This year, by a long way, was Stella Maris for me. Cormac McCarthy’s follow up to The Passenger (and the last thing he wrote). I couldn’t put it down. Readers should read The Passenger first.

    Stella Maris is wild, challenging and untamed. McCarthy didn’t seem to care about technicalities, he just wrote

    Not for the faint hearted.

  3. The books I have enjoyed the most this year have been from Michael Connelly (my favourite and I have all his books), Jeffrey Deaver (the master of the twist on the twist) and David Baldacci.. I have also been able to catch up on about a dozen science fiction books I have been sitting on for some time. There’s nothing quite like a good book.

  4. PB, I’m a big fan of Amor Towles. ‘Rules of Civility’ is also well worth a read. Towles’ particular gift is to shift styles, times, places, themes in each book with consummate ease. ‘A Gentleman from Moscow’ is probably my favourite fiction from the past few years.

    Like Col, I was directed to Claire Keegan this year. Precise and concise but so rich and packed with beauty.

    Also a big fan of Donna Leon! Her memoir ‘Wandering Through Life’ struck many a chord.

    I’m on non-fiction over the holidays with ‘George Harrison: The Reluctant Beatle’ by Philip Norman. Lots of stuff I wasn’t aware of about both the group’s internal machinations and the intricacies of their lives from the perspective of George.

  5. Daryl Schramm says

    Thanks for the tips PB. I have not read any fiction for years. The Lincoln Highway appeals to me. I need to follow up on the heard aspect as well, as I consider myself a slow reader.

  6. Thanks PB. The final novel in the Frank Bascombe series, Be Mine by Richard Ford is the best fiction of the year for me.

    ‘I think of other things that might be of importance to me and that I might’ve been musing about: Can grief be defeated, or merely outlived? How can I ever achieve complete immersion in earthly life? What is the greatest happiness? I can’t, I realize, find whatever I’d been thinking during the passage of time I’ve clearly lost. It is not forgotten, but paved over, as before.’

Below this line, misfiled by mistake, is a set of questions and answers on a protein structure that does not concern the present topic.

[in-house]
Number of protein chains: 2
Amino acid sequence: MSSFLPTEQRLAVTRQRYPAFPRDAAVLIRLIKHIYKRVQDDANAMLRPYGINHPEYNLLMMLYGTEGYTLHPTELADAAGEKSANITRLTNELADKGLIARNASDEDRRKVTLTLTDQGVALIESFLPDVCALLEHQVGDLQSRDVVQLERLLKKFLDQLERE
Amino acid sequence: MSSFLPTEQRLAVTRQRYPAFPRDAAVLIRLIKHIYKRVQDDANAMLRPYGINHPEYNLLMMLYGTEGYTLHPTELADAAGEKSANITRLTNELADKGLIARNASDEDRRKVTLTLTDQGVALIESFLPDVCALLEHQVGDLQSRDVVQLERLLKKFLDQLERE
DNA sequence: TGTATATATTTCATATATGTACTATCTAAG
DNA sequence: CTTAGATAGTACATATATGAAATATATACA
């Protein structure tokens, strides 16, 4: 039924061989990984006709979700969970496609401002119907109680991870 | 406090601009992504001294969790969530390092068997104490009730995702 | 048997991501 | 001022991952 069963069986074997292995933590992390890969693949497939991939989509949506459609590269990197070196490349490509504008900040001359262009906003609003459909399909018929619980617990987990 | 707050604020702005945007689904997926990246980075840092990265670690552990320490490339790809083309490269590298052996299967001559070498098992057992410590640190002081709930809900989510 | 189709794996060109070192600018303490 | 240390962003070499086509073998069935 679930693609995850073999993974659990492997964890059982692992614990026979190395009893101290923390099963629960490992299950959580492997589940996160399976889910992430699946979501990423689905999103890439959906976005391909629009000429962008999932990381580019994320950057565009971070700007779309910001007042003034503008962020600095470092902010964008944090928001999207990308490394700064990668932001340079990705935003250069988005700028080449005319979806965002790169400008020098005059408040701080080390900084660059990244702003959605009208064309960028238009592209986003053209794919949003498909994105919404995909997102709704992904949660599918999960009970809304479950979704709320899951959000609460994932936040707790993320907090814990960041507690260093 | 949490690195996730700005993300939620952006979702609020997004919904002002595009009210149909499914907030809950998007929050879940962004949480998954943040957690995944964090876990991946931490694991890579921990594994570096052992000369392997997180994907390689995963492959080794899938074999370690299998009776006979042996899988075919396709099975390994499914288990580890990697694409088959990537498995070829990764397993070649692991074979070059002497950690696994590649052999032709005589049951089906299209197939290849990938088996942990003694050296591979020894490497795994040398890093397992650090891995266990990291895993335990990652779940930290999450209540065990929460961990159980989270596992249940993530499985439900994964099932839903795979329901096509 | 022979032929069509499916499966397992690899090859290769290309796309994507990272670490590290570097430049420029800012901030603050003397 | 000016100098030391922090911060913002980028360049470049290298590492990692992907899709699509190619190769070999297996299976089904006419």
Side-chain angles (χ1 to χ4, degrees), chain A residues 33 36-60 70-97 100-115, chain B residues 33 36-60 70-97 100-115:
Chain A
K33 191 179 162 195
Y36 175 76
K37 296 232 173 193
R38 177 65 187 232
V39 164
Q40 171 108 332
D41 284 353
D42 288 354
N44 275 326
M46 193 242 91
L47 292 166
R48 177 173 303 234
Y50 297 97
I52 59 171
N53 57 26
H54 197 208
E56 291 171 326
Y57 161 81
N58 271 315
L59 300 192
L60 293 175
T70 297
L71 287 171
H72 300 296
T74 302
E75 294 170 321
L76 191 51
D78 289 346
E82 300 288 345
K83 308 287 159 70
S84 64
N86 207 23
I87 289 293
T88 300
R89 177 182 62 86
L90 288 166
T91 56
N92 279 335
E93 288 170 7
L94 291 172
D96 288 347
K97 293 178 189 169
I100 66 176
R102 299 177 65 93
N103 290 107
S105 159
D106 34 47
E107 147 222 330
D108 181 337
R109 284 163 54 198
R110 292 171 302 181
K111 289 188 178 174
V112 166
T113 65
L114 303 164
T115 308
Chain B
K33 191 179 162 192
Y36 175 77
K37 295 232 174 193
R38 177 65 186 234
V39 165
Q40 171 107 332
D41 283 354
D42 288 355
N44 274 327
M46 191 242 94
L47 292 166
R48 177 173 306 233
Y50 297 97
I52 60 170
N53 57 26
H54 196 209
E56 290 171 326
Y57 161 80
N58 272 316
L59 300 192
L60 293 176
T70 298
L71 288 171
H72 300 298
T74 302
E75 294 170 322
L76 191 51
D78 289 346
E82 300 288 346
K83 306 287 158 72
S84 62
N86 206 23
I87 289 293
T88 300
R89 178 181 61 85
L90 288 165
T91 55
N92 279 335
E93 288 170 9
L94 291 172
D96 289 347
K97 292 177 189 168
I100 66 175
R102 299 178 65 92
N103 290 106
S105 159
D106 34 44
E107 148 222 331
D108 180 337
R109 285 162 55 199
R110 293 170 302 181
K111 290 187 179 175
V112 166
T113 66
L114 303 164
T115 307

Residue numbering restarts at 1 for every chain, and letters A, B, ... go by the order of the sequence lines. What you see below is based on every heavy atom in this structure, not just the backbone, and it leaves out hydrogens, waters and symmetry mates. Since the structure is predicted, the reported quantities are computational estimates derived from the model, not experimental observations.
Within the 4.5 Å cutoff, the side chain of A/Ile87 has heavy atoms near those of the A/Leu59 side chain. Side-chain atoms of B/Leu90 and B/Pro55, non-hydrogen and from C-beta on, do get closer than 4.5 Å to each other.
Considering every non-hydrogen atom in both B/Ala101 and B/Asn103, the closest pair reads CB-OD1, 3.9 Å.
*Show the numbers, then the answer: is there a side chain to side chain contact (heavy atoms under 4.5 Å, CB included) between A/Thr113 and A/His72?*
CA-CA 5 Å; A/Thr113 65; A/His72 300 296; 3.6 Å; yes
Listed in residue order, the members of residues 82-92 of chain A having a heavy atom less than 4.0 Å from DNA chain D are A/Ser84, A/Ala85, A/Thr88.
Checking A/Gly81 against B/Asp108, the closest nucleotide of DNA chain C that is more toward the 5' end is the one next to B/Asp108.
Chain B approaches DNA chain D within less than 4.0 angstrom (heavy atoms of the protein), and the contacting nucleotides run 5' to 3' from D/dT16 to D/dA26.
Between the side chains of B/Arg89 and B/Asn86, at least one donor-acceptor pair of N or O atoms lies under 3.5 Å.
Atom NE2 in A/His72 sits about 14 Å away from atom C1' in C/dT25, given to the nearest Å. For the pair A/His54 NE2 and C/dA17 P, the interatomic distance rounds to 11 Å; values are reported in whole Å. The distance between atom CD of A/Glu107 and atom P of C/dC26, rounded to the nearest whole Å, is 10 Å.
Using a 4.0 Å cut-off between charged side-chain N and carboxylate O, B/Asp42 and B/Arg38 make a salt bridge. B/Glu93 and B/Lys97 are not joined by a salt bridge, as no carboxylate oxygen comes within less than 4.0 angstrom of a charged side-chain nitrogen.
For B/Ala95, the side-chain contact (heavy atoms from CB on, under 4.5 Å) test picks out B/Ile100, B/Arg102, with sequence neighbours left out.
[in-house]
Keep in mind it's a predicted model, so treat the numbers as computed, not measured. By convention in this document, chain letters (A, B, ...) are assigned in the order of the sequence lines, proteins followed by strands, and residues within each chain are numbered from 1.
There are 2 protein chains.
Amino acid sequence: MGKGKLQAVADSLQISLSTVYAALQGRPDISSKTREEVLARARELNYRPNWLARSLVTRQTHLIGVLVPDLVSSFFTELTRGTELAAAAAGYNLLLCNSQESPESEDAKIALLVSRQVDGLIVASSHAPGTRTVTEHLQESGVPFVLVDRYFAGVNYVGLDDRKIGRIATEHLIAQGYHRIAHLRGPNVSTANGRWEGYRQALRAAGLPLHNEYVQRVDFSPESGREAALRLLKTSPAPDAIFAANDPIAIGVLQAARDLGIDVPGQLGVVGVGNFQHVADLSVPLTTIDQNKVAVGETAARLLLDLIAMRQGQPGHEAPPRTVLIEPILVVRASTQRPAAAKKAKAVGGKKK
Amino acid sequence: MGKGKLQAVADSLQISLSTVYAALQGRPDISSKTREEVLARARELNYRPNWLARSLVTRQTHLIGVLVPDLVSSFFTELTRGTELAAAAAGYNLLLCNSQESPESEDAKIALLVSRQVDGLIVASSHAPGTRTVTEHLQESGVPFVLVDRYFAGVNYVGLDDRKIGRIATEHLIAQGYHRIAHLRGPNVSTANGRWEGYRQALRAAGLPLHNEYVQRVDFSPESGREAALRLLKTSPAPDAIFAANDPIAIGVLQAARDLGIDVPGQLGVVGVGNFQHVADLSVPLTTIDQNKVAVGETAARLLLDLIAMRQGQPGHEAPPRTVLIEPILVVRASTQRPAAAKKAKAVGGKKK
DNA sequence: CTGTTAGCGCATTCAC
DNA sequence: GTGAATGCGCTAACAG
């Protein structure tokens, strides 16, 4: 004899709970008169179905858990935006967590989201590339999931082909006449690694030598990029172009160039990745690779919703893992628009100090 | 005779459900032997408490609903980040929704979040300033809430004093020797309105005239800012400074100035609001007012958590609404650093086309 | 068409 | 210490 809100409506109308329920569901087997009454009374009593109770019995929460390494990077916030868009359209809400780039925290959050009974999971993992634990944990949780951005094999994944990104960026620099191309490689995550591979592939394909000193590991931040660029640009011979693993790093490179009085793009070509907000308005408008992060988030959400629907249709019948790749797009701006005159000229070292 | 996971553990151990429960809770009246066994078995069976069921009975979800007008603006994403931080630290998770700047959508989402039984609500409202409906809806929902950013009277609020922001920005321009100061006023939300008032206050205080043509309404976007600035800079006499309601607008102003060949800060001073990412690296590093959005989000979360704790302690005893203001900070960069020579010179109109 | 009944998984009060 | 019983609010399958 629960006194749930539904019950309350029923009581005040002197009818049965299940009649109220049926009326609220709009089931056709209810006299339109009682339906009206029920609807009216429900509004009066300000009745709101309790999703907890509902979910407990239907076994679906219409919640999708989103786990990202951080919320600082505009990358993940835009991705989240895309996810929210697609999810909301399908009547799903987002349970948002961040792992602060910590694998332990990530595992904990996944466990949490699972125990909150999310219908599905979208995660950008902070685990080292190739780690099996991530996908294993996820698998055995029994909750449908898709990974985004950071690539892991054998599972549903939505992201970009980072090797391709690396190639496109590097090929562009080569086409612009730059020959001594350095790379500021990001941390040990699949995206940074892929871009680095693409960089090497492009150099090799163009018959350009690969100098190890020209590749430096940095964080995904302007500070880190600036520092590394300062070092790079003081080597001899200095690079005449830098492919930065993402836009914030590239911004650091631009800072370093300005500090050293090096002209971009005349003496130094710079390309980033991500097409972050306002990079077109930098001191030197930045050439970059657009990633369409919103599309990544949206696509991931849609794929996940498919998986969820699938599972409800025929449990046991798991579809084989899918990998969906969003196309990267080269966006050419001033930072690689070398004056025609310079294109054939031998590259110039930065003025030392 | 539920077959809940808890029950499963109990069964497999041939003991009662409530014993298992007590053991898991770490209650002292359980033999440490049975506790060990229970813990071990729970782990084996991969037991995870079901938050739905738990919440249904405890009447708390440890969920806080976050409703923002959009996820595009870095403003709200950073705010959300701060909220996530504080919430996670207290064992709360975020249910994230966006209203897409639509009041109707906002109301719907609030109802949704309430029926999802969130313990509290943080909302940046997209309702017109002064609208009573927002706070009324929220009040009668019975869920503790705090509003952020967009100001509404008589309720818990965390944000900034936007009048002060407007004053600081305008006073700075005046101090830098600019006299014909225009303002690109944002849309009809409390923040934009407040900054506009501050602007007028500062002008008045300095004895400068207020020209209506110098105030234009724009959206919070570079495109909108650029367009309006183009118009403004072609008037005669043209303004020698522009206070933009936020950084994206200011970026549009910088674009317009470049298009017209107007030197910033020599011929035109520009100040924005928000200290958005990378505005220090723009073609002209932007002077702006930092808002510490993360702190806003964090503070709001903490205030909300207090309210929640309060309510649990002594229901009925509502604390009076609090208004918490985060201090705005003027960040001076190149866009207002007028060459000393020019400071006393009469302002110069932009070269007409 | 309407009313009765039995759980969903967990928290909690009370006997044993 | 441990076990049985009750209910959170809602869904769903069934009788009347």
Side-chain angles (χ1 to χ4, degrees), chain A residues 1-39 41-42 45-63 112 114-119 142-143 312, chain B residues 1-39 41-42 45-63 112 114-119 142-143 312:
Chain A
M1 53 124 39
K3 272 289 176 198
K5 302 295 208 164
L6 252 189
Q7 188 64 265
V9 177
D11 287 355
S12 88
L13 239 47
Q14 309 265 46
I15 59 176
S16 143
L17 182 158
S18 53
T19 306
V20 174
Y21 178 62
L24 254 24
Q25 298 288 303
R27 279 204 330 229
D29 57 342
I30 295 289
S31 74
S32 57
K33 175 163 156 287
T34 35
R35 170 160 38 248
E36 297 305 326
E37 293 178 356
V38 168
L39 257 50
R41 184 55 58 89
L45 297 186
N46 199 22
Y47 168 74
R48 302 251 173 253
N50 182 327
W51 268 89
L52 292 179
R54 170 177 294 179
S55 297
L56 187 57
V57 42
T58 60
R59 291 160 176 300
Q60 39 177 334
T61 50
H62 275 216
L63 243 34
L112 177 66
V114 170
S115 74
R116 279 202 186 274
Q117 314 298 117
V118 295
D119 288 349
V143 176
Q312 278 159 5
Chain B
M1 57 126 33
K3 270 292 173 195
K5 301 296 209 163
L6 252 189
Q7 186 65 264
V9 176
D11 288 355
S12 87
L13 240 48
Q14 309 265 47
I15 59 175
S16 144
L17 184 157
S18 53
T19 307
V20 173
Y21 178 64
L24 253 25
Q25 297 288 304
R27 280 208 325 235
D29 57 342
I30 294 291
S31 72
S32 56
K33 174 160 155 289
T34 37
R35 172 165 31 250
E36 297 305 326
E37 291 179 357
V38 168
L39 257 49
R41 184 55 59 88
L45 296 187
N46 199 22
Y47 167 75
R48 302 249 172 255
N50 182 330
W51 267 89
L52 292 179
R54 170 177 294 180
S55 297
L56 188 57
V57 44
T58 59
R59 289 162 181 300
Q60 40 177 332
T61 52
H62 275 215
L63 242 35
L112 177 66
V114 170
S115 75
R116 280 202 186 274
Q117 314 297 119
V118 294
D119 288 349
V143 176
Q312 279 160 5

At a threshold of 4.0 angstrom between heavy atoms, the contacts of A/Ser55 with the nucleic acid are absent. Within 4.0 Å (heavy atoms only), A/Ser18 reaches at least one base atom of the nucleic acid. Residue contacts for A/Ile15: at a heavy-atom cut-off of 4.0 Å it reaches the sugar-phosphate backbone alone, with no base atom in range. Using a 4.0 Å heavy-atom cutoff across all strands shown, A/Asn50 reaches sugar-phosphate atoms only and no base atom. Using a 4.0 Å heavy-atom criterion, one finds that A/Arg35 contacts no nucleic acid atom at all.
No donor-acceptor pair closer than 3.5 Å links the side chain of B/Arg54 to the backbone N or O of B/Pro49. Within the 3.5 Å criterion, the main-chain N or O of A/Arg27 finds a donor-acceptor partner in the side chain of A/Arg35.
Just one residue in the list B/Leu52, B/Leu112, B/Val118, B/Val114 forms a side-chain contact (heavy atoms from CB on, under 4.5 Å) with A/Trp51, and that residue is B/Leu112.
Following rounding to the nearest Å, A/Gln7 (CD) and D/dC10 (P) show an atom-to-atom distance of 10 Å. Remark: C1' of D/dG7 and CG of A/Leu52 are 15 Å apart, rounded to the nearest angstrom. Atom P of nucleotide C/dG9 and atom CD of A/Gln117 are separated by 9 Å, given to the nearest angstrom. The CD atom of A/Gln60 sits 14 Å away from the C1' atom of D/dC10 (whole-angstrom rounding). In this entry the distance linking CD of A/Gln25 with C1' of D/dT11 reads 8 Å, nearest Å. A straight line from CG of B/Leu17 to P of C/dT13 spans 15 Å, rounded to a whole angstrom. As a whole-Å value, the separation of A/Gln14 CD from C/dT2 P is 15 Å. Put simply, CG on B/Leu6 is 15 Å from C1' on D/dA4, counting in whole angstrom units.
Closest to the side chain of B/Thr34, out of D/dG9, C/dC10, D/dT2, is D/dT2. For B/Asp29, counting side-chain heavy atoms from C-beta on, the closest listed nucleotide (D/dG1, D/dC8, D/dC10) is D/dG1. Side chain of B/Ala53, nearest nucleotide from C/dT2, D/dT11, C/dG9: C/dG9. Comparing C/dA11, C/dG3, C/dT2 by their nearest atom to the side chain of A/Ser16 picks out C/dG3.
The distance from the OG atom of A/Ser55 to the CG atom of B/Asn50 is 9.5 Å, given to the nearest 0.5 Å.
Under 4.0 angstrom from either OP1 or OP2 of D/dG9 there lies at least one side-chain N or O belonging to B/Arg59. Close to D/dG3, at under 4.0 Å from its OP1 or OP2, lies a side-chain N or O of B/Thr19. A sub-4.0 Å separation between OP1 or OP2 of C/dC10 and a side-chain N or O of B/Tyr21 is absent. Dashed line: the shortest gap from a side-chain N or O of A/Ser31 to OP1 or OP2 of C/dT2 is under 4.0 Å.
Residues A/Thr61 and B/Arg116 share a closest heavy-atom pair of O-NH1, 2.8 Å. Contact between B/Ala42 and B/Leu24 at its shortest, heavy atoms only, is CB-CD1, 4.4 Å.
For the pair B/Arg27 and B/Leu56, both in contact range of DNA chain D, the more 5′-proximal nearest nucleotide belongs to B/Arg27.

7. Thanks for the tops PB and in the comments.

    I was explaining to a friend back in July that I hardly read fiction these days and he recommended/gave me the novel, Girl, Woman, Other by Bernardine Evaristo. It came out in 2019 and I think won or was nominated for the Booker Prize. Whatever the case, I had started working at a new organisation a month or two prior and thought I could see how I went getting into this novel on my tram trips to and from work. Well, what a story. Or stories. While the novel appears to centre around one character, before you know it and after a number of chapters you find yourself inside another and another character’s life (I think the novel covers 10 or more main characters, across multiple decades and although many of these people’s lives overlap and closely (family, friends, work associates) within 400 pages, Evaristo subtly exposes how distinctly different we are. No one character is perfect, many good decent characters have obvious and questionable flaws, Class, sexism and race are ever-present barriers but that is not the focus of Evaristo’s stories. Her interest is how we find our connections, our trust and our togetherness. Not in a sterile lesson or settings and definitely not in an idealised way. There is humour galore along with wincing at things you know you’d probably do as well but in reading about someone else you can tut-tut instead. I know I haven’t explained a storyline, that is partly not to give away small gems you will come across page after page but also because the beauty of the novel is in the ordinariness of the characters and our lives.

  8. Peter Crossing says

    Thanks PB.
    I too thoroughly enjoyed Lincoln Highway. The comments have also provided ideas for a 2024 reading list.
    Three books I have savoured this year.
    Lessons in Chemistry by Bonne Garmus
    An unconventional female chemist challenges the status quo in a male dominated world. Some great home truths from a woman with a very individualistic approach to life.
    Slow Horses by Mick Herron
    The first in a series of books that follow the (mis)fortunes of group of reject MI5 agents aiming for redemption while suffering the taunts and jibes of their obnoxious, devious yet cunningly effective department head. Some brilliant one-liners.
    Chinaman: The Legend of Pradeep Mathew by Shehan Karunatilaka
    Much more than a cricket novel. In a rambling discourse, an aging writer with a significant drinking problem relates the trials and tribulations encountered in his search for a mysterious Sri Lankan cricketer who may or may not have been the best spin bowler ever. All amidst family issues and the conflict between the Sinhalese and Tamils.